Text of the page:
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In 1935 a Canadian named Charles Nelson Pogue built the first of his 200 miles per gallon carburetors. Well that is what he claimed you could get with his carburetor. By the end of the 1930s, he had built and sold 317 of the carburetor he called the “Winnipeg” carburetor. The carburetor did existed in reality, but the 200-MPG was pure myth. There were two serious problems with the design. The first one is that the claim violated the First Law of Thermodynamics. Second, the best mileage achieved using a Pogo 200-MPG carburetor was 35 MPG when the carburetor was installed on a Ford Mustang. The Mustang suffered a dramatic loss of power in the process and was all but impossible to drive. As far as anyone knows no one has been able to get anywhere near the mileage Pogue claims.
The one thing that jumped out at me was when the book's author claimed that an automobile running at highway speeds ran at an air/fuel ratio of 49:1 based on engine displacement, RPM, and fuel usage. He made one significant error: he forgot (or neglected) volumetric efficiency, or V.E.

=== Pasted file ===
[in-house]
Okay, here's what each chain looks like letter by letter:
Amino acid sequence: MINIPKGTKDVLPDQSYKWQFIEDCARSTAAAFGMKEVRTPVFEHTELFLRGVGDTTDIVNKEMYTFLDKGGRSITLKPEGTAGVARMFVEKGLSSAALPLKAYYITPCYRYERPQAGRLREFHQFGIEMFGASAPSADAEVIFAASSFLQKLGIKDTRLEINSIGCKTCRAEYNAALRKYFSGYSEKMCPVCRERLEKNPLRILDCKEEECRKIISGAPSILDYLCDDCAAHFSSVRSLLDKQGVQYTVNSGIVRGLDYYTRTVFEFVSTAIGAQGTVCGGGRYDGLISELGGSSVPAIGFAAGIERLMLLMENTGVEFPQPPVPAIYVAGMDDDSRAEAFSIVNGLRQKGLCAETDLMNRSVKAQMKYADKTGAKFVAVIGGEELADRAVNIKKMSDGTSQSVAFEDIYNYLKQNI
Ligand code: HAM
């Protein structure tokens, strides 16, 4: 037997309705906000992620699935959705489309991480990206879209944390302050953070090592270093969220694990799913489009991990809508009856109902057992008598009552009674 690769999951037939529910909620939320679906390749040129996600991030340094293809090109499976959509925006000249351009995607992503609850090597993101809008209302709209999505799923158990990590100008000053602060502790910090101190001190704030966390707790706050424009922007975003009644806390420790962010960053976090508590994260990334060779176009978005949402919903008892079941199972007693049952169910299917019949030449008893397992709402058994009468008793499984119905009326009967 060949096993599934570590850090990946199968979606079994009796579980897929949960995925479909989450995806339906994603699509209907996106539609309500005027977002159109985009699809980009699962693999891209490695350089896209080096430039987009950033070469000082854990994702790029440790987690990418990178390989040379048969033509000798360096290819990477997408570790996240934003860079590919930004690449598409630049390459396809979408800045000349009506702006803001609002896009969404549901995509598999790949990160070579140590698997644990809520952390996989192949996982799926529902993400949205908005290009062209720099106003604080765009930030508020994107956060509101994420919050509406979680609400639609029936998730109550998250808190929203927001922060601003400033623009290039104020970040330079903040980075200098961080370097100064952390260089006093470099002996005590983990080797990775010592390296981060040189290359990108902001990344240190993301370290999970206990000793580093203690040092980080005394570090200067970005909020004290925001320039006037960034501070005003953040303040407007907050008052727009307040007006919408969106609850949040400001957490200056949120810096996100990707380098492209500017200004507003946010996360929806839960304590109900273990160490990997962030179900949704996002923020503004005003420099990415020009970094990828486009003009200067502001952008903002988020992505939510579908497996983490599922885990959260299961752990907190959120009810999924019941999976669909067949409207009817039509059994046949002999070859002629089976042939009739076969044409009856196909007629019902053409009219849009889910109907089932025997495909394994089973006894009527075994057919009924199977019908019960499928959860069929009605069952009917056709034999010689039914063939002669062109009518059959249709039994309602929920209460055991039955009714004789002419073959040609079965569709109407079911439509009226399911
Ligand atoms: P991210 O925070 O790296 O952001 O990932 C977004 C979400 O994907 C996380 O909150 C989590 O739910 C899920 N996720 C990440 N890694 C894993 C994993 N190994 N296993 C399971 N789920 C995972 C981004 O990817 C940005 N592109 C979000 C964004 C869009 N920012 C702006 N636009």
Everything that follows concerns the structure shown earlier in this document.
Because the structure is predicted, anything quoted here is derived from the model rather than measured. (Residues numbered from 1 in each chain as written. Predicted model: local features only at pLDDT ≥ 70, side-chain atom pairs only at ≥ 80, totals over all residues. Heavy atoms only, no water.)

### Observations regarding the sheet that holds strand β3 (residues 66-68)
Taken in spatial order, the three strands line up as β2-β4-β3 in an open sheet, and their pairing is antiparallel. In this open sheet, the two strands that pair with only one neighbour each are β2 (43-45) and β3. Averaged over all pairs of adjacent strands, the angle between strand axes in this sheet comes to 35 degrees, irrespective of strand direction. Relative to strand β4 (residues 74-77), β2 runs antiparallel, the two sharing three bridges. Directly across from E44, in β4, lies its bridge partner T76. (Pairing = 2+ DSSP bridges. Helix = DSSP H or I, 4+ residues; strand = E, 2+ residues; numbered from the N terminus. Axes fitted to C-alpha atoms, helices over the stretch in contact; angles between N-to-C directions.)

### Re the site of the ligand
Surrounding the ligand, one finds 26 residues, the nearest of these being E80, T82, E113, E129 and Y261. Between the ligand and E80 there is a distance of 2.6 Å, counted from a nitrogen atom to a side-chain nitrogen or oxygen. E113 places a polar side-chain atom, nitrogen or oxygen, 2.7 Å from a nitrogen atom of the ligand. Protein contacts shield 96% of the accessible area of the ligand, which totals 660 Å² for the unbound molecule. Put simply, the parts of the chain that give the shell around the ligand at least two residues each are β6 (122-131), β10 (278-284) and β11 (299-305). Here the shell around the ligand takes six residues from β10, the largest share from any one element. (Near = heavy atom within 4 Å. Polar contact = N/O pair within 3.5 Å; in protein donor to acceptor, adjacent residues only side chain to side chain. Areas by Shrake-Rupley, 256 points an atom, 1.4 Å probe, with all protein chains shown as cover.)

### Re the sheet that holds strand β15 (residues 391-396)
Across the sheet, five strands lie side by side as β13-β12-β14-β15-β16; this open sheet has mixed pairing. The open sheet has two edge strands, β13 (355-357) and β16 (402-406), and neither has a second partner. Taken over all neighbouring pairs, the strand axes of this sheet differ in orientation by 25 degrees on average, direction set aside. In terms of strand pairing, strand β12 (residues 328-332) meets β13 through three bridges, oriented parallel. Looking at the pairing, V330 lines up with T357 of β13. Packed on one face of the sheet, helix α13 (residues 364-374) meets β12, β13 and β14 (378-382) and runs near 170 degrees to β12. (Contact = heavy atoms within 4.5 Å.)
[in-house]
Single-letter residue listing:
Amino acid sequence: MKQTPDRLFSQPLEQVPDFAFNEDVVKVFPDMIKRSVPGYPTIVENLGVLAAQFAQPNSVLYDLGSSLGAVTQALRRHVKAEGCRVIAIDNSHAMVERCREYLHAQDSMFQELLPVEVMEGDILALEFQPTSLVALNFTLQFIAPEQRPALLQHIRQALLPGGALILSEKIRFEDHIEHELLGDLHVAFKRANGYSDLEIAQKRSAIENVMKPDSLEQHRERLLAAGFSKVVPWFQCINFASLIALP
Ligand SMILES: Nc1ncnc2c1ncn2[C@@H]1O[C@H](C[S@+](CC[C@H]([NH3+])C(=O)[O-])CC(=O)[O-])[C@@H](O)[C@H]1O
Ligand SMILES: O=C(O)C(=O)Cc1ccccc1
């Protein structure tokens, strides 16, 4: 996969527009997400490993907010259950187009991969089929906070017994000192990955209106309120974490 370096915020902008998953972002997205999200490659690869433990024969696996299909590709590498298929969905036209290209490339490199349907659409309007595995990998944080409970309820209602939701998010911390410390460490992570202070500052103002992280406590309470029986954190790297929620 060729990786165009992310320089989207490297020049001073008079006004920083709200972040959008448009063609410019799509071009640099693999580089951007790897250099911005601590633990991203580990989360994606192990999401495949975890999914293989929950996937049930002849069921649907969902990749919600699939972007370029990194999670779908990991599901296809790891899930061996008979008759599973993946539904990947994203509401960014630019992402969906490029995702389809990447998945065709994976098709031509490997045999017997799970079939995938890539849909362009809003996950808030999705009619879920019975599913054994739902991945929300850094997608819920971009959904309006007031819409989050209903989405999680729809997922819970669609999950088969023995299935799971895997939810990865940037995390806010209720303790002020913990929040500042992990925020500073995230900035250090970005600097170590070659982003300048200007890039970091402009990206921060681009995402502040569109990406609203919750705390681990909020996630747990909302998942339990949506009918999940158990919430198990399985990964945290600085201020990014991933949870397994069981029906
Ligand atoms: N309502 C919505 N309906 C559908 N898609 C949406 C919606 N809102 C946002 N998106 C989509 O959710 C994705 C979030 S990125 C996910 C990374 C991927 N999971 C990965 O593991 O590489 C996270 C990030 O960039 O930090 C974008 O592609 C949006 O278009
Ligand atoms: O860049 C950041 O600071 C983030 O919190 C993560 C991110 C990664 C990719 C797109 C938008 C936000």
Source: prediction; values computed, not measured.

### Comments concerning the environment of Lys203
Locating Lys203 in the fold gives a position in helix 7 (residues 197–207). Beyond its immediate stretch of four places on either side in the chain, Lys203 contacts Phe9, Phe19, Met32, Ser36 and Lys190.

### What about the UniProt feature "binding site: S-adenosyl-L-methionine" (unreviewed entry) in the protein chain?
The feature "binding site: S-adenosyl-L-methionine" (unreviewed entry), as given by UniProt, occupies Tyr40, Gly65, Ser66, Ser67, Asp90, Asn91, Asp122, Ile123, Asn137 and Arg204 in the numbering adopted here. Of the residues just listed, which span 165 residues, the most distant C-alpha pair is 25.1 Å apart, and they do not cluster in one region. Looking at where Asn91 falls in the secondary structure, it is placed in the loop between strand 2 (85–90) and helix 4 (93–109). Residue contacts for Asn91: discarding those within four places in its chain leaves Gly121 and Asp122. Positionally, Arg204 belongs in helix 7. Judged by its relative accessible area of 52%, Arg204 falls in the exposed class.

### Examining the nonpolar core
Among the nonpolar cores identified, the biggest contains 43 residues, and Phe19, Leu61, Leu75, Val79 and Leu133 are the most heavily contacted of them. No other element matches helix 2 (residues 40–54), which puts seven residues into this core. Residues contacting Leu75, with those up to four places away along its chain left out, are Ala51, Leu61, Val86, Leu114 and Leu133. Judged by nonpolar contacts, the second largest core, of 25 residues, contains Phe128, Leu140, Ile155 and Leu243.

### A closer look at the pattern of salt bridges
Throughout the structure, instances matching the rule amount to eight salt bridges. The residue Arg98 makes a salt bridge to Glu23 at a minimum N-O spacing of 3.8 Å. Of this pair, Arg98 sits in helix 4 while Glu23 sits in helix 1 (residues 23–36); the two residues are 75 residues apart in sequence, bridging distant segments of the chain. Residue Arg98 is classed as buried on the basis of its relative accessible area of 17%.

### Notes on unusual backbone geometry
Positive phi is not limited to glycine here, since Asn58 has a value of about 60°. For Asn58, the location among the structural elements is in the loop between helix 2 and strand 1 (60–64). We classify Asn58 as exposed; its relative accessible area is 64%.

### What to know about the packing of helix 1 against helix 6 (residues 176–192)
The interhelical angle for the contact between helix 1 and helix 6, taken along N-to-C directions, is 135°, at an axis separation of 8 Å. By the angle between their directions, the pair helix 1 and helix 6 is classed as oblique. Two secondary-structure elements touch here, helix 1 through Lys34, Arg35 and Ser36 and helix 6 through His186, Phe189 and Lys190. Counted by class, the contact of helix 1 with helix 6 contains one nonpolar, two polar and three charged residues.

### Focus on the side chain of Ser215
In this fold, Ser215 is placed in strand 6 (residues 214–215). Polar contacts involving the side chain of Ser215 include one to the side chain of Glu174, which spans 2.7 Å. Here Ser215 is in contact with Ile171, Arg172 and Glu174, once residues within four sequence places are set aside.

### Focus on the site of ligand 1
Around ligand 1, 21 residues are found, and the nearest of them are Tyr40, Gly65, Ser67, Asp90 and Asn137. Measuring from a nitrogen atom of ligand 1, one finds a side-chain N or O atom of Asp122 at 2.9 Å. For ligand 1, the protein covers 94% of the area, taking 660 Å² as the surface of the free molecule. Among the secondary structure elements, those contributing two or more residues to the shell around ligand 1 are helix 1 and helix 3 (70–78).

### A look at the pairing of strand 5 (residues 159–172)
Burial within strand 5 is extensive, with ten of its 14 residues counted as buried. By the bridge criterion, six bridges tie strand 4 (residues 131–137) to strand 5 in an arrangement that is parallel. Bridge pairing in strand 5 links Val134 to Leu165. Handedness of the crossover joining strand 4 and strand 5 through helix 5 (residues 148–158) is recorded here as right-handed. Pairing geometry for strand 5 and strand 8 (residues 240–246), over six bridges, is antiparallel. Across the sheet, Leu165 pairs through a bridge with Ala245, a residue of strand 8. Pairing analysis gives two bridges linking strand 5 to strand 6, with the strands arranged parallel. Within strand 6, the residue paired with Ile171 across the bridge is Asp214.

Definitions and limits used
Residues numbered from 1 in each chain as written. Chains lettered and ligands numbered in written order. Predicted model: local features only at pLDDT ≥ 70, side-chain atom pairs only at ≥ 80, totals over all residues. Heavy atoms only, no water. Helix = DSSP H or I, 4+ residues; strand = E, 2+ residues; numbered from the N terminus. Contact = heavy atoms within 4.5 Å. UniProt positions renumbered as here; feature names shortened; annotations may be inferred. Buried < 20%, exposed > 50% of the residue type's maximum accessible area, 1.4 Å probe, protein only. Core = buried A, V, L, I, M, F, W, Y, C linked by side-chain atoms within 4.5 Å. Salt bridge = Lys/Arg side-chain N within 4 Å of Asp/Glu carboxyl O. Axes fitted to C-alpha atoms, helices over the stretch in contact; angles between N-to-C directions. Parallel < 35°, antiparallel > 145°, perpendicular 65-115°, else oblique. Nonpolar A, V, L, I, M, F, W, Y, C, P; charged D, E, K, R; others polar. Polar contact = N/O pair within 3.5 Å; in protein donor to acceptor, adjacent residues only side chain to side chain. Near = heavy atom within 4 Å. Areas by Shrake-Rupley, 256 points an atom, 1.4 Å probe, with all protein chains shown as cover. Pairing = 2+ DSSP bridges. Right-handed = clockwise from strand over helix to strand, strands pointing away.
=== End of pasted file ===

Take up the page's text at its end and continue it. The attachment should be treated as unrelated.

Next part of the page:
Just because an engine displaces 300 CI (or 302, 351, 460, 255, 221, or any other number you wish to use) does not mean it will actually draw in and exhaust that much air over the course of two revolutions. V.E. typically is maximum at peak torque, but only when the throttle is wide open. Note I did not say, "V.E. typically is 100% at peak torque"; there are constraints in practical engines that prevent that, such as intake and exhaust manifolds, carburetors, air cleaners, and exhaust systems. And there is an unavoidable constraint at part-throttle operation, namely, the partially closed throttle itself.
Based on this fact, many if not most of the book's conclusions are flawed.
I talked to a guy not too long ago whos friend had a Thunderbird with a supposed 200mpg carb. You all know the story of how it did great then it got replaced and then Ford showed up and offered him a new car every 5 years or so.
I didn't believe it until he should me an in depth picture that was dated in the '60s. I was still skeptical though.
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